With just three weeks remaining before his team cedes power to Mayor-elect Bill de Blasio, Bloomberg's administration will cite accounting rules at a closed-door state hearing on Wednesday as it tries to shut the door on any retroactive raises being paid out as bonuses in future years, according to people taking part in the hearings.
In the administration's view, the rules stipulate that any lump-sum payout must be booked in the year it is made, not spread out over years. The amount owed would be too big a hit for any one year and would break the city's balanced budget requirement, they say. The stance effectively closes down any attempt by the teachers for a settlement along those lines, at least with the Bloomberg administration.
At an earlier hearing, the teachers union, the United Federation of Teachers, which has been working without a contract since 2009, argued that under generally accepted accounting principles, or GAAP, rules for municipal budget keeping do not require an arduous one-time cost.
An accounting expert for the United Federation of Teachers also cited a 1991 deal when the city deferred part of a teachers' wage increase, paying $47 million out in 1995 and 1996 -- with interest of 9 percent -- and thus setting a precedent for the practice of deferred payments.
"It's a very big bill attached to this retroactive pay raise, and (the Bloomberg administration is) specifically raising this as a deal breaker," said Barry Epstein, an accounting expert at Cendrowski Corporate Advisors, who testified on behalf of the union. "Essentially what they are saying is, we'd be happy to pay this to you except we can't do it because we have a balanced budget law and this will bust the budget."
"My answer to that is they are misinterpreting their accounting requirements," Epstein said.
The mayor's office and the Department of Education declined to comment. But other people familiar with the proceeding supported Epstein's characterization on the city's position.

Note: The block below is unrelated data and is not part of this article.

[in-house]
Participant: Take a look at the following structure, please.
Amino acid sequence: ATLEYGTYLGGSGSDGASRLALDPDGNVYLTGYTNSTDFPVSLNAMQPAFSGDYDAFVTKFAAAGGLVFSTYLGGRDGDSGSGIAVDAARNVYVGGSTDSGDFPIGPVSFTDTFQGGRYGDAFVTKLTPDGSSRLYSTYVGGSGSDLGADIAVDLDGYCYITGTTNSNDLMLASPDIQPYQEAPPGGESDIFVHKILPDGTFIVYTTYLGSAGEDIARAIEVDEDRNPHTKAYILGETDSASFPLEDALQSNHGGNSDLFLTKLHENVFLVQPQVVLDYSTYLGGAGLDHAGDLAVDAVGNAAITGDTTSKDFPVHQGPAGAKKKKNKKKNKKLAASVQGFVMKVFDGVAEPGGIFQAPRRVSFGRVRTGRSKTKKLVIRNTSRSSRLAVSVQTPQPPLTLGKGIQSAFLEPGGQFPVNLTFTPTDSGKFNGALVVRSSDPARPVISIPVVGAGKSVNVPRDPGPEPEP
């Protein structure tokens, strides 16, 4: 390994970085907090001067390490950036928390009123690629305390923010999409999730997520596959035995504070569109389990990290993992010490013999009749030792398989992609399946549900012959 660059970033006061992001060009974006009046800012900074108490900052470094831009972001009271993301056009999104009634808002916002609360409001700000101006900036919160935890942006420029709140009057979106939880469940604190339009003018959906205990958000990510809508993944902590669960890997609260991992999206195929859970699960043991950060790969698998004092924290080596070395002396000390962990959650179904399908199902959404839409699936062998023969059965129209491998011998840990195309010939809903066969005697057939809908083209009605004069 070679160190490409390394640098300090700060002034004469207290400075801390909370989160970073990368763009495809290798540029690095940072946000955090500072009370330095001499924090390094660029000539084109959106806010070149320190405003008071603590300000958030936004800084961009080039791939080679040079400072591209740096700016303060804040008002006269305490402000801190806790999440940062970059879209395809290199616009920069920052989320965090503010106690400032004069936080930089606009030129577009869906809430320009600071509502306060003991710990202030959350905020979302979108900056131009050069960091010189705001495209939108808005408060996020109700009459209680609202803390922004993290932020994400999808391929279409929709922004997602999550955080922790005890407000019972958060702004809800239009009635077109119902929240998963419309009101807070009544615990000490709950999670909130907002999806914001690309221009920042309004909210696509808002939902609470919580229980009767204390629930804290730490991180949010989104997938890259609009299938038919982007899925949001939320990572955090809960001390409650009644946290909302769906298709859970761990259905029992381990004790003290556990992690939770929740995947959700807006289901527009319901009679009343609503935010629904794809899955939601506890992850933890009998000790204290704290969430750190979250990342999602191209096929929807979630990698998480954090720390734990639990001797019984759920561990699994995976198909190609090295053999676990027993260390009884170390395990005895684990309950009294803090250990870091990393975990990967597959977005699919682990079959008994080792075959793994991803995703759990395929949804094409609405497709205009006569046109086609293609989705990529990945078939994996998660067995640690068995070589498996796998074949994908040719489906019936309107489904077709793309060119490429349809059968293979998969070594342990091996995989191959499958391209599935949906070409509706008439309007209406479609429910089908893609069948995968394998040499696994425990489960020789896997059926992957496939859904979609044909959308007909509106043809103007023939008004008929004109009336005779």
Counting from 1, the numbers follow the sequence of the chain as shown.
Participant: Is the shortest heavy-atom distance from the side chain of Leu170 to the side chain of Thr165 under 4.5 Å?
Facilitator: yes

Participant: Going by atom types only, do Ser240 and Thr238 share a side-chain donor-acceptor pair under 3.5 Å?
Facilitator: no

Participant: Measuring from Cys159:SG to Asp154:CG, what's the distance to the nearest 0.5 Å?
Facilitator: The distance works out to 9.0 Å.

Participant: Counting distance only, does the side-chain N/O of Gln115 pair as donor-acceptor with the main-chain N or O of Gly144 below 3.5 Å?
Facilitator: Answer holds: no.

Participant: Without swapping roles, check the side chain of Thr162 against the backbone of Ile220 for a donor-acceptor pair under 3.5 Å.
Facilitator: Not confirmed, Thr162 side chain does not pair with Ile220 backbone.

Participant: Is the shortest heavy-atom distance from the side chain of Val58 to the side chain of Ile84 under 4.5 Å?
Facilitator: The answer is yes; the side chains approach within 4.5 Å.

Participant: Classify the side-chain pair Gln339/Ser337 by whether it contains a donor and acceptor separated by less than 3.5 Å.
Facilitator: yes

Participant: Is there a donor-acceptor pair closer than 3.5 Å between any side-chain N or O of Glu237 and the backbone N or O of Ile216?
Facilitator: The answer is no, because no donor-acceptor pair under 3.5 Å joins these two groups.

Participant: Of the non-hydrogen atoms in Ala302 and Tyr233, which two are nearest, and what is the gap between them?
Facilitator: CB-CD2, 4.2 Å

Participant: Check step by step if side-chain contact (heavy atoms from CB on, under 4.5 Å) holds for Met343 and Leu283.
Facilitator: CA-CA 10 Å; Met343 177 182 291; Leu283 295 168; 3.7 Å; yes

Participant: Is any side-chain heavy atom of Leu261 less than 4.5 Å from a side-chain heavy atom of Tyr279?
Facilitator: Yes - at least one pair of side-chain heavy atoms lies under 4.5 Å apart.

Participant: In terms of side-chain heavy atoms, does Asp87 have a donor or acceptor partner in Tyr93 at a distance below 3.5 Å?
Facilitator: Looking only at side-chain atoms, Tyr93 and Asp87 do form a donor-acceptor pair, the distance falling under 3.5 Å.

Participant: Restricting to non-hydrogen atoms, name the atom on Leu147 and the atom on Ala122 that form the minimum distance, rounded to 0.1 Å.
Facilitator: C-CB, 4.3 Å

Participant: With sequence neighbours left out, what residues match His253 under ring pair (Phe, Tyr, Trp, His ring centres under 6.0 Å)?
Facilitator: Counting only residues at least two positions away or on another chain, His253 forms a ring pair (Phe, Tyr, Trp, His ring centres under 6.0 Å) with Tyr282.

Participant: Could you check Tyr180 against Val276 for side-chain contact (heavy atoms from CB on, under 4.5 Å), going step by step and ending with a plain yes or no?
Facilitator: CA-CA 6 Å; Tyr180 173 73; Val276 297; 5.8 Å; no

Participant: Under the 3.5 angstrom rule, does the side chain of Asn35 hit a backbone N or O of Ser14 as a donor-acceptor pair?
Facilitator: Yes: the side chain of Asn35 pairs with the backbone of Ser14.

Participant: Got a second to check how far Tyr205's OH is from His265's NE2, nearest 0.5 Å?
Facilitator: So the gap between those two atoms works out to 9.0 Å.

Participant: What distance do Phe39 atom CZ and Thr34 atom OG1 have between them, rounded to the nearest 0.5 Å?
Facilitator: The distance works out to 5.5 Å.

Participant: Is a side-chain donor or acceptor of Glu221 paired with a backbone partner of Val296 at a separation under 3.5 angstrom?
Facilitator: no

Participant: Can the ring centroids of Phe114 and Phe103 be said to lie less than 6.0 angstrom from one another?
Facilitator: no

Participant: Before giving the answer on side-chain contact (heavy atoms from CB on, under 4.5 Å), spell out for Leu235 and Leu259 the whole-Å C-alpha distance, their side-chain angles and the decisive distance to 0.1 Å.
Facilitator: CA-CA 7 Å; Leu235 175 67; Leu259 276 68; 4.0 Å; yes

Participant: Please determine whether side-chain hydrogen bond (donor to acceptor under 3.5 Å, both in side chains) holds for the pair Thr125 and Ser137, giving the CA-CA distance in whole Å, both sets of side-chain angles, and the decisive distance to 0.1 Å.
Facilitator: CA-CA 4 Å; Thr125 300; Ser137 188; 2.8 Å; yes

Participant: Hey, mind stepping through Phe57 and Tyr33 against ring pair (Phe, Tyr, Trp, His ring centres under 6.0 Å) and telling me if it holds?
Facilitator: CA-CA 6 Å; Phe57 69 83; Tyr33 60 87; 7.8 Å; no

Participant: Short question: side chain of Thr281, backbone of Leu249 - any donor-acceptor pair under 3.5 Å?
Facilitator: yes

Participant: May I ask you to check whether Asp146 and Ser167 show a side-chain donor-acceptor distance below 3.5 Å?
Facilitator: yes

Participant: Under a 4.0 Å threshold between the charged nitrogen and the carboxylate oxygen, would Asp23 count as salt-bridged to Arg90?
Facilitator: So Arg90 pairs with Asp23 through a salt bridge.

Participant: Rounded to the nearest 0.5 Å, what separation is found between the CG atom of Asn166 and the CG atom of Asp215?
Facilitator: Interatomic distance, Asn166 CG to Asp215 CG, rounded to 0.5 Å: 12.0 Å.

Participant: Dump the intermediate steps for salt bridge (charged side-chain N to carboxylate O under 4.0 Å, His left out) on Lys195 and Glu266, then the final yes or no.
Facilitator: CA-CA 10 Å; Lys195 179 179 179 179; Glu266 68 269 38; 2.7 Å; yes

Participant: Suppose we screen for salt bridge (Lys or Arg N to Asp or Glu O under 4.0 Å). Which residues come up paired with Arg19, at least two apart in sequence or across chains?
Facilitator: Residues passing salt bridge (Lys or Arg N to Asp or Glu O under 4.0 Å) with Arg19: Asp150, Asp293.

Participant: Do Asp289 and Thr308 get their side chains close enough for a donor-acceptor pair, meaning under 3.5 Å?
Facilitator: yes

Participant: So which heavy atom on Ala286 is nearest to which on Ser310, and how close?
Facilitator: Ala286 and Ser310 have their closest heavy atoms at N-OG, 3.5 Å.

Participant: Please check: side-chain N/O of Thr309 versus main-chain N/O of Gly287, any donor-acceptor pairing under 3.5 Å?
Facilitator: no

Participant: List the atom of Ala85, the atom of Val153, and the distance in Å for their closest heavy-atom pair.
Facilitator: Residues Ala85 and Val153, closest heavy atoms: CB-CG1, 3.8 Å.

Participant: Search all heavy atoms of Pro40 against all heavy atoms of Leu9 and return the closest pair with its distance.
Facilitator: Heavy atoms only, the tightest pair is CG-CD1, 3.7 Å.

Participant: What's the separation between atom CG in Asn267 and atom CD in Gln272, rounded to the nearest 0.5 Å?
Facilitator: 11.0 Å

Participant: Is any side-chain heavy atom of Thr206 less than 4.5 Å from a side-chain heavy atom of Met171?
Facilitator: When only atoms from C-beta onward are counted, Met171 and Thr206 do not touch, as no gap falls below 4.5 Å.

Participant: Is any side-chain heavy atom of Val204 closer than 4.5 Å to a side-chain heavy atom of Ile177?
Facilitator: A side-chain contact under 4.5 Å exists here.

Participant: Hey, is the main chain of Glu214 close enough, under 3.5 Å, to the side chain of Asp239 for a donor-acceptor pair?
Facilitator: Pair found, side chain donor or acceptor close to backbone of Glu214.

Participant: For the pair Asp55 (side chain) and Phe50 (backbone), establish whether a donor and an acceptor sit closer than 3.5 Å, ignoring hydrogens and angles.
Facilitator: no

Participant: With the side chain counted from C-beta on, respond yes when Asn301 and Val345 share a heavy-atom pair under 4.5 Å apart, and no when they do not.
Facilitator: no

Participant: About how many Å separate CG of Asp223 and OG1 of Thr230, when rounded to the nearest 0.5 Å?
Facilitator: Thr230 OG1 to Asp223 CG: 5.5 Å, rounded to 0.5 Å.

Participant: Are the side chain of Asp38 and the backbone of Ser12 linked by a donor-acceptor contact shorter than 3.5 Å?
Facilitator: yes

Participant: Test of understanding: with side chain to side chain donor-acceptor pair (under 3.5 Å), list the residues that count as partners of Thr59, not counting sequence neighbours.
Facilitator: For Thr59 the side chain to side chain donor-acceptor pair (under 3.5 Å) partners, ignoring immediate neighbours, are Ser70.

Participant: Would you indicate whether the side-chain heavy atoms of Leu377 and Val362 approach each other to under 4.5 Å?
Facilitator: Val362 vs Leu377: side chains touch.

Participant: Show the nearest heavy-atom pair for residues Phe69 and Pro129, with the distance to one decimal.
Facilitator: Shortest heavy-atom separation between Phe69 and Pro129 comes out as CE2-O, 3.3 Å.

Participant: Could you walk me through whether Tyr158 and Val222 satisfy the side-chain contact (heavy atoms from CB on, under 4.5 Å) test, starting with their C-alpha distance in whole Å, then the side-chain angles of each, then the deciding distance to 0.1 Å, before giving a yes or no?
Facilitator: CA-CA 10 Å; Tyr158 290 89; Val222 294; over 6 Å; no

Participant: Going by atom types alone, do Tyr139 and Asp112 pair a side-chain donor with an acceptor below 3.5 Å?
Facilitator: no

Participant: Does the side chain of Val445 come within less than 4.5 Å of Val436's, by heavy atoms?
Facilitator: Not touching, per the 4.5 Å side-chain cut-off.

The UFT, citing the confidentiality of the negotiations, declined to say if it would seek retroactive raises in the form of one-time bonuses, though it has argued that they are permissible under accounting rules.
The back pay issue has intensified since last month when Bloomberg said he would hand a balanced budget to de Blasio, eliminating an anticipated $2.2 billion deficit.
Ronnie Lowenstein, head of the Independent Budget Office, a publicly funded city budget watchdog, has said her office soon will release a forecast with significantly higher long-term revenue predictions than Bloomberg's. That is likely to seized upon by city workers eager to bolster their case.
Lowenstein said that paying out retroactive raises as bonuses in future years and covering the cost with non-recurring expenses would be in accord with the principle of not using one-off income to cover recurring expenses.
"If some portion of the raises are one time payments that would meet that definition," she said at a recent conference organized by the Citizens Budget Commission.
Important piece of news at the end of that story - the IBO is going to issue an economic forecast for the city that will show significantly higher long-term revenue predictions than the one Bloomberg is using to argue no retro raises for you.
As the Reuters article notes, that will bolster the arguments for retro raises since the city will have more money than Bloomberg is claiming it currently has.